Travelers wishing to visit the famous summer residence of the rulers of Khiva have to cover just two kilometers away from Ichon Qala. The complex is located on the territory of just 0.5 hectares. A well-known palace in the country, built during the reign of Kungrad Dynasty is located here. Historical documents indicate that the residence was built in 1897. The main inspirer and sponsor of the building was Muhammad Rahimkhan II.
In 1864 he formally ascended the throne, becoming the eleventh ruler of the khanate. During the epoch of his reign a set of socially significant for the city buildings were constructed. His most famous creation is the madrasah of Muhammad Rahimkhan II. Without false modesty, we can say that it is the largest in Central Asia today.
The decision to build a summer palace was made by the ruler in 1897. Kibla Tozaborg became a palace complex, which included 3couryards each of which is of a different size. Each had its own 2-storey houses decorated with wooden columns. Also the couryards were equipped with cozy ayvans (terraces) used for the leisure of the ruler and the nobles who lived in the palace. In the vicinity of the palace there are several household buildings
Architectural features of courtyards of the summer residence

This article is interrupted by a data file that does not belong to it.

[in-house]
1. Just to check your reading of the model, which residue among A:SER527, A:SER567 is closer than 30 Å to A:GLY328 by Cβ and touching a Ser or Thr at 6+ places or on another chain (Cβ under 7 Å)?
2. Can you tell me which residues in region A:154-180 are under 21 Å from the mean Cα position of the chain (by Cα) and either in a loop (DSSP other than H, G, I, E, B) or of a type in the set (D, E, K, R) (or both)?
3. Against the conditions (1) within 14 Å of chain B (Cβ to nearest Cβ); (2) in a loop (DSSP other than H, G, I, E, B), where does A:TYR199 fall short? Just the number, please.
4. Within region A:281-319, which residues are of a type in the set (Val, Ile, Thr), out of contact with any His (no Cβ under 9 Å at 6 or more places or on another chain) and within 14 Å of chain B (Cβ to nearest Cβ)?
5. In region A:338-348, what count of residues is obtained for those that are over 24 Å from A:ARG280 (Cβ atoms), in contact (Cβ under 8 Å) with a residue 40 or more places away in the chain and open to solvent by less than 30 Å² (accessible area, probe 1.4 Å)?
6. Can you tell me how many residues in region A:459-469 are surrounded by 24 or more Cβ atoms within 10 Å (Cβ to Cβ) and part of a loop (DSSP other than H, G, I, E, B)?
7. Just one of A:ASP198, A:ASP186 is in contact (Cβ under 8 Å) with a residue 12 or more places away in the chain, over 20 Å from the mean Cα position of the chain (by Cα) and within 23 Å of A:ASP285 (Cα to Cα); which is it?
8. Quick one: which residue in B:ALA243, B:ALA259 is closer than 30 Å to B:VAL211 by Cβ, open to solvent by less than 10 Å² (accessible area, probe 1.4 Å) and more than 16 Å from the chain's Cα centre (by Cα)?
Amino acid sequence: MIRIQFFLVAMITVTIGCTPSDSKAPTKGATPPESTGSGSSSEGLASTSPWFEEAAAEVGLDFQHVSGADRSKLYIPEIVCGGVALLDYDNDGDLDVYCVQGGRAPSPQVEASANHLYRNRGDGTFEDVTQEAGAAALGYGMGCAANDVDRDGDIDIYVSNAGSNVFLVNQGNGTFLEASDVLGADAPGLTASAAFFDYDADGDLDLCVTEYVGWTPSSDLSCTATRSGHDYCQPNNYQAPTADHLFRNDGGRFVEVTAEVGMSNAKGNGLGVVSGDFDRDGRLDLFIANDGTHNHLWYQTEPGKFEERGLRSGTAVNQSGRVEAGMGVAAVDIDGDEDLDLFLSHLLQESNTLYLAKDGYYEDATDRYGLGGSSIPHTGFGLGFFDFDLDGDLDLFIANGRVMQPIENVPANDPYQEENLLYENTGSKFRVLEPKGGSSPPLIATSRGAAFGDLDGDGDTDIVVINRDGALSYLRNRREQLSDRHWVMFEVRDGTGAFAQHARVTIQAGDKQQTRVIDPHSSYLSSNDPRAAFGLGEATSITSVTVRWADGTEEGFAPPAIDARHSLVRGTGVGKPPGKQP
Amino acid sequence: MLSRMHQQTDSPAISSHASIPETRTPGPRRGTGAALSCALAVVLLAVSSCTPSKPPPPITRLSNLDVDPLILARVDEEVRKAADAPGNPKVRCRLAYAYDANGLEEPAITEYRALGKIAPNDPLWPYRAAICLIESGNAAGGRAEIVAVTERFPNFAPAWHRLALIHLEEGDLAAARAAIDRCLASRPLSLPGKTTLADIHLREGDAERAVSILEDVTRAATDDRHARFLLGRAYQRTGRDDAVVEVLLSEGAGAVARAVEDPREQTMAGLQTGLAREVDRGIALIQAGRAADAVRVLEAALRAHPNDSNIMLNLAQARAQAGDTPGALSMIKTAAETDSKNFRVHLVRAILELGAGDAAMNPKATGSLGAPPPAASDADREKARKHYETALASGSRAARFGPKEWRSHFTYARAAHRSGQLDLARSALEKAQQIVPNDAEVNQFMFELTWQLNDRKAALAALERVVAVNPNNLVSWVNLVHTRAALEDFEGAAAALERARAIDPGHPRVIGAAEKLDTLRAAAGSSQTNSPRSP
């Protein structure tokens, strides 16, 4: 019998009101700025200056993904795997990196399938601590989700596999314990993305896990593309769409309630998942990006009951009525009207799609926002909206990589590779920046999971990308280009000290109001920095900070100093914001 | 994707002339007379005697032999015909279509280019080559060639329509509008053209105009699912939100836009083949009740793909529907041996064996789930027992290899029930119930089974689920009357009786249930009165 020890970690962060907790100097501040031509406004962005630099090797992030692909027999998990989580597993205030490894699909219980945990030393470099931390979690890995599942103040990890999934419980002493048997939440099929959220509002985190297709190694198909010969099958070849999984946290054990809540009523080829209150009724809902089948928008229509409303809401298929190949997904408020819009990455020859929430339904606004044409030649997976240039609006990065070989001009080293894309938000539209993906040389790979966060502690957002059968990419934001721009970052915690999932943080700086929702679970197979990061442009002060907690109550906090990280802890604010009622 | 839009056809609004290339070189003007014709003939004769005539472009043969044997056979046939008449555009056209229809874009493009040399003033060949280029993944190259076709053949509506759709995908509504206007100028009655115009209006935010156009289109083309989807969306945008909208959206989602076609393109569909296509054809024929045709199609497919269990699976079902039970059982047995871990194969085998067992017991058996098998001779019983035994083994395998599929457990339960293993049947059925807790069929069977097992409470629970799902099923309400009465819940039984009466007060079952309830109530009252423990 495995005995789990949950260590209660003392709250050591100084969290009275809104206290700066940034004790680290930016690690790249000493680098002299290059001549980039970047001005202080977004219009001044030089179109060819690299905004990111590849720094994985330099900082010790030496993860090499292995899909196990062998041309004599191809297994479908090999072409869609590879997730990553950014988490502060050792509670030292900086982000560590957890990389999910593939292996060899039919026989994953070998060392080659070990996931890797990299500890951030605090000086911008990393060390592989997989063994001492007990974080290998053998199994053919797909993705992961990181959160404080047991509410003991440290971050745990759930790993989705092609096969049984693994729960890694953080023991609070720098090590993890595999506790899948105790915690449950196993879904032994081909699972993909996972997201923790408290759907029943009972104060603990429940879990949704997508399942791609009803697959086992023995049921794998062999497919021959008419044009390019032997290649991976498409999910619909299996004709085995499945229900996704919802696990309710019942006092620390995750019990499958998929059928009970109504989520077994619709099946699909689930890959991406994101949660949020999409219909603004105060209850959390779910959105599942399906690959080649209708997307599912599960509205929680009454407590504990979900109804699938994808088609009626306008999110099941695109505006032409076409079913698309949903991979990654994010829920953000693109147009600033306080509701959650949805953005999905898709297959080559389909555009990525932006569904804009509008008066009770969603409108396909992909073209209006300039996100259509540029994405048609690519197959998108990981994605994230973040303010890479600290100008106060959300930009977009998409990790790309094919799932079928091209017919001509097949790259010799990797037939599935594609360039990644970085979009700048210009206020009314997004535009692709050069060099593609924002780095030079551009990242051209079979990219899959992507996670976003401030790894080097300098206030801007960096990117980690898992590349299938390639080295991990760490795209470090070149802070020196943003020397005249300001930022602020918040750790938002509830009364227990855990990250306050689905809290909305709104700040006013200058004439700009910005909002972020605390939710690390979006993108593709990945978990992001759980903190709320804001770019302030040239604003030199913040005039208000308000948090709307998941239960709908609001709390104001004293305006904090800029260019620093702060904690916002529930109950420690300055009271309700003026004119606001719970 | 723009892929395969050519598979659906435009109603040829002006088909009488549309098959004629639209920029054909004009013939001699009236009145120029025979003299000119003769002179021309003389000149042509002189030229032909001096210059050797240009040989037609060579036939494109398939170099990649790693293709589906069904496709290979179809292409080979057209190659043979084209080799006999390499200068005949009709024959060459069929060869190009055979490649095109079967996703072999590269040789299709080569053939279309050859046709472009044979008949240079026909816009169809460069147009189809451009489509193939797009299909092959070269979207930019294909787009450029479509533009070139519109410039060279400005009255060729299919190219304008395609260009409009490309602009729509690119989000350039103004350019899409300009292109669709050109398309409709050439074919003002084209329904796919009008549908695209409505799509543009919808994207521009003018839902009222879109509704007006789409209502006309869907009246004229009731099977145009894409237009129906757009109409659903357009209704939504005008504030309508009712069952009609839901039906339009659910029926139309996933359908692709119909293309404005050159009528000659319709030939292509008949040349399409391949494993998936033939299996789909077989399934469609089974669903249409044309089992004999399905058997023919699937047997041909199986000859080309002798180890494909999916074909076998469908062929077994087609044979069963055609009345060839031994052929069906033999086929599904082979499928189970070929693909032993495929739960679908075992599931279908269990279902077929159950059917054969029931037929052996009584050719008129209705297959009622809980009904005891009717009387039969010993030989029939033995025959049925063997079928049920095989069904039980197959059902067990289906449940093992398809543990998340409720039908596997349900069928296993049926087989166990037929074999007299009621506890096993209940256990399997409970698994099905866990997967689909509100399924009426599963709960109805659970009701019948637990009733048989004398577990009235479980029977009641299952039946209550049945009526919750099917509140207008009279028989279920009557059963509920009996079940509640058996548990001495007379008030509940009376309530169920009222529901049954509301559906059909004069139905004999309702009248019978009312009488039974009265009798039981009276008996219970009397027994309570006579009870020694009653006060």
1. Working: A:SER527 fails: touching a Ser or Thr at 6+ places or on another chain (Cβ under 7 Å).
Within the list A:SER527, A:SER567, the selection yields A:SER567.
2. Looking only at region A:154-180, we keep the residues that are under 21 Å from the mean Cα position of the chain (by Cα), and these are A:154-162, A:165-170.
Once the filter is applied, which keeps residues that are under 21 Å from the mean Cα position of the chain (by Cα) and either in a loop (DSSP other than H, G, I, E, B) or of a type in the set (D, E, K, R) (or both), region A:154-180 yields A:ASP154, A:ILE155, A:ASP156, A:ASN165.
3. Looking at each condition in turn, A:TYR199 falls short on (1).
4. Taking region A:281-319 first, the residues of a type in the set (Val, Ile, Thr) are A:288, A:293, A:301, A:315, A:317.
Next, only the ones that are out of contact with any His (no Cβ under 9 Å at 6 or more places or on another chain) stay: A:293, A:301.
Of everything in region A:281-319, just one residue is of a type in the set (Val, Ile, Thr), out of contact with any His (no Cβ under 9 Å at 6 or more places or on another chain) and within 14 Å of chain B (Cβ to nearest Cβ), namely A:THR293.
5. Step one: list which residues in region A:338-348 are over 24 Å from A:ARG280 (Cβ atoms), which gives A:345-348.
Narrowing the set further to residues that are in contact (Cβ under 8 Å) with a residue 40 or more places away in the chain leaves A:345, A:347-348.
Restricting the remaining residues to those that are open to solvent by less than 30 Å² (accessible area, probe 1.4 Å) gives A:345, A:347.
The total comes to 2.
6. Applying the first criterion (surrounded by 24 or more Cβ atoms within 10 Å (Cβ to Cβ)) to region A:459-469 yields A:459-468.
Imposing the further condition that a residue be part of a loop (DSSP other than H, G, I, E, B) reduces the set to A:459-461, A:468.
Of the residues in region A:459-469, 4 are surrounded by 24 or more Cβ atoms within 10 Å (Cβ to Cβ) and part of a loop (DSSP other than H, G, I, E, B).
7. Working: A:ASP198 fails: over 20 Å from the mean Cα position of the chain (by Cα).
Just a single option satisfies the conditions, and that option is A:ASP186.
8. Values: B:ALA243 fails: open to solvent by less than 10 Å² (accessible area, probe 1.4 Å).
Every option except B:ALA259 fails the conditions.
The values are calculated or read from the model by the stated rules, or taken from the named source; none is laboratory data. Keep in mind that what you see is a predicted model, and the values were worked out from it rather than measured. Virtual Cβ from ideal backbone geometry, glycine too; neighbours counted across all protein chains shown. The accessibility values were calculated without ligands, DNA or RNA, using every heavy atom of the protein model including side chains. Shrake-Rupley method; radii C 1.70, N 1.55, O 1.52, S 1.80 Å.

Scientists have spent a lot of time studying the set of archival documents. As a result of hard work they managed to find out that each courtyard had its own style.
In the central part of the first courtyard there is an artificial reservoir, built in the form of a fountain. On both sides of the fountain different flower beds are located. An official reception hall was also part of the first courtyard, decorated according to the rules of European style. Various documentary sources say that all the buildings in the courtyard had unusually large window openings that go beyond the traditional framework of oriental architecture;
The second courtyard, being in many respects similar to the third, had many buildings of economic purpose:
- Private rooms ruler;
- A madrasah;
- Summer and winter mosques.
Each of these buildings has been made in the style that incorporates elements of European and Central Asian architecture. Architects engaged in a detailed study of the structure, emphasize that such a melting pot of different cultures was typical of the architecture of Bukhara in the nineteenth century.
The socio-political characteristics of the time
In those early years the Russian Empire had a complete control of Bukhara and Khiva. Despite this fact, the summer residence of the ruler managed to preserve a lot of traditional architectural features of the eastern countries. For example, the residence, built of baked bricks, is surrounded with many beautiful gardens, allowing even on the hottest day to find a corner of coolness.
The walls of the castle were decorated with ganch (stucco) carving followed by the application of gold leaf. Each door was made on a special request by the best masters of the Russian Empire.